Greensky Maple VII; Indian Trail Marker Maple,

etching with aquatint & drypoint,  12” x 18”

   l am married to a sculptor, Jana Hanka,  and live in Kalamazoo Michigan.  The life of two artists in one household is at once difficult and rewarding.  It would, however,  seem more wild and bohemian from a distance than in reality it is.  The hard-drinking, eternally socializing, dueling and discharging of firearms in public is a fiction promoted by Hollywood.  The artists I know are mostly conservative in their outward demeanor, in order to be free in matters of the soul and to dare be unbound enough by convention to be original.  Originality occurs mostly in silence - in that time we carve out of the hurly-burly and jealously protect, while the thundering heard of our colleagues by common cultural consent runs with increasing acceleration for that cliff , from which they will all be leaping en masse  – joyously meeting their  Madison avenue generated dreams.   I see my calling and my obligation to society (and posterity) as being a prophet and channeler of deeper truths rather than just being timely and self-evident.  That -  is a lonely proposition. 

I also having fishing credentials as this nice Steelhead will demonstrate  - caught on a small nymph pattern and  a 4 lb. test leader,  after about 45 minutes of gentle persuasion.

   For those of you who may be considering an investment in my works, fear not.   You will scarcely be the first to risk your money.   My artwork fortunately sells enough to  cover my needs and is today to be be found  in about 100  public institutions from Boston to  Prague and Beijing.    You will be gratified to know that  my artwork has over the last three decades been appreciating at a rate far in excess of the financial instruments available to ordinary brokerages  - about ten-fold in  that time.  I am however unsure if there is much of a pre-morbidity secondary market  competing with me for sales of my artwork.   I believe people buy my work because it is meaningful to them  and then hold onto it.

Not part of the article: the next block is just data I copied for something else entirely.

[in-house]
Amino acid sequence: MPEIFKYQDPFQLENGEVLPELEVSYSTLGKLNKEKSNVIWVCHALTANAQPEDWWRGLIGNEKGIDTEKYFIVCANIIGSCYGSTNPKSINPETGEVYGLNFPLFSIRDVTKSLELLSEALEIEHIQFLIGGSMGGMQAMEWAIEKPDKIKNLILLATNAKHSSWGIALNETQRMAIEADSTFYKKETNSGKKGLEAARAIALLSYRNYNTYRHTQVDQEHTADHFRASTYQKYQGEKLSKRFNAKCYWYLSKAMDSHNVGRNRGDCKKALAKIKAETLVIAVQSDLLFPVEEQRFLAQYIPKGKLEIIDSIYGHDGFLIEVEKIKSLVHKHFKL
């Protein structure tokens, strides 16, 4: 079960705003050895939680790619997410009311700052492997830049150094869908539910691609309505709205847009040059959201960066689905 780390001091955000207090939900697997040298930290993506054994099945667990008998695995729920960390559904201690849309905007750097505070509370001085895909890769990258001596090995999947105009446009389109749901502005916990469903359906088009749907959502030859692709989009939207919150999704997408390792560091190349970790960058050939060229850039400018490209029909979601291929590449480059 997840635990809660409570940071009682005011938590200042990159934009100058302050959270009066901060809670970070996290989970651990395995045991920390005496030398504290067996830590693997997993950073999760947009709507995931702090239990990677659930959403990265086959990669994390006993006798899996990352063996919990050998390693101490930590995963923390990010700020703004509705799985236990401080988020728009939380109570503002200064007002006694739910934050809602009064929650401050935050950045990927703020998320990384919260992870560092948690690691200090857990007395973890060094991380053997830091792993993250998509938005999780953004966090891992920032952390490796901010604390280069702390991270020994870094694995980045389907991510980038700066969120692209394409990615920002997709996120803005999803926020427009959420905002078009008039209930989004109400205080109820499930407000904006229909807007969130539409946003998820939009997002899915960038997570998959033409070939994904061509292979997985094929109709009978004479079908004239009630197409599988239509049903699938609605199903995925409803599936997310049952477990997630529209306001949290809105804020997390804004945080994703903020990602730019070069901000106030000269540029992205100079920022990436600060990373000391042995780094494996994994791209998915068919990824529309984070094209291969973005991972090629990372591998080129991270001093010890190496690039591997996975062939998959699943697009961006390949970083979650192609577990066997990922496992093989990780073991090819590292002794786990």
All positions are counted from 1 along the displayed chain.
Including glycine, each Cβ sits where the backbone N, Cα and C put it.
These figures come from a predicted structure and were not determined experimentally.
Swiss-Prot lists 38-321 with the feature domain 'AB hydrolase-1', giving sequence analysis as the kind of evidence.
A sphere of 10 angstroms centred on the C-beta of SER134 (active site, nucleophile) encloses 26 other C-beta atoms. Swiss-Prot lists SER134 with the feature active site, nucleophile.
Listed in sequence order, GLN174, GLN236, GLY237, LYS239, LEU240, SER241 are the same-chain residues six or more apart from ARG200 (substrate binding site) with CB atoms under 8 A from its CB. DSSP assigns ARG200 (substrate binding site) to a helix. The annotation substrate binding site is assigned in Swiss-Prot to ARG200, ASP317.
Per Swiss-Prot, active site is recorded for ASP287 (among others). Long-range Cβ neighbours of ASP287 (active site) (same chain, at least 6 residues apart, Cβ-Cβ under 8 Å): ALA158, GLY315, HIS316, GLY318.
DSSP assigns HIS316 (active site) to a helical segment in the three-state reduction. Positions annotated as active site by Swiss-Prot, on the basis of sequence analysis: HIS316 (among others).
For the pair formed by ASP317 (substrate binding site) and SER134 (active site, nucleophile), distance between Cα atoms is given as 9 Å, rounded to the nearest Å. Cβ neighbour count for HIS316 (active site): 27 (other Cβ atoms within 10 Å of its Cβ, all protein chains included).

There is a great deal  of satisfaction in seeing ones artwork on somebody else’s walls - knowing that, like furniture, it has become invisible on most days, but that it is always there, gently impressing itself upon their lives, informed by spirit and   –  like rust.  it never sleeps.  I enjoy hearing from those who own my work;  so, please feel no trepidations about calling or writing me.

Return of the Sturgeon: etching with drawing 14” x 18”

Spawned Salmon



         “Be regular and orderly in your life, so that you may be violent and original in your work.”

                                                                     Gustave Flaubert

Photo-credit: Sniedze Rungis

And of course this would all be in-complete without a nod to my piscatorial beginnings and fishing trips with my pappy.  He took this picture of me with my first monster trophy fish.  Must have been about 1960  when I would have been about 8 years old.   That really was a nice carp from Maple Lake in Pawpaw, Michigan – conveniently close to an ice cream stand and the car,  in anticipation of a child’s wavering attention span.  I do actually remember this event, probably with some help from periodic reminders that never allowed it to drift off into the mists of  long lost childhood memories.  I even stop by once in a while to wet a line or just slip into reverie.

An elderly black gentleman saw me catch that fish – with I imagine a fair amount of help from my father.  He must have been amused and I recall him coming over to congratulate me on a fine catch and then to offer me two dollars for it.  That was generous back in a day when two bucks bought a whole lot more than it does now, but he hadn’t counted on Czech immigrants having quite another relationship with carp than do garden variety white folk.  We esteem this fish quite highly – but  more importantly, two dollars was as unimaginable sum as a million and nearly meaningless to me.  Instead of cashing out or killing the fish, my father set a far higher standard for me that day by helping me to release that first memorable fish and making sure it stayed imprinted in my mind forever,  associated with my ancestry in an act of grace and sportsmanship.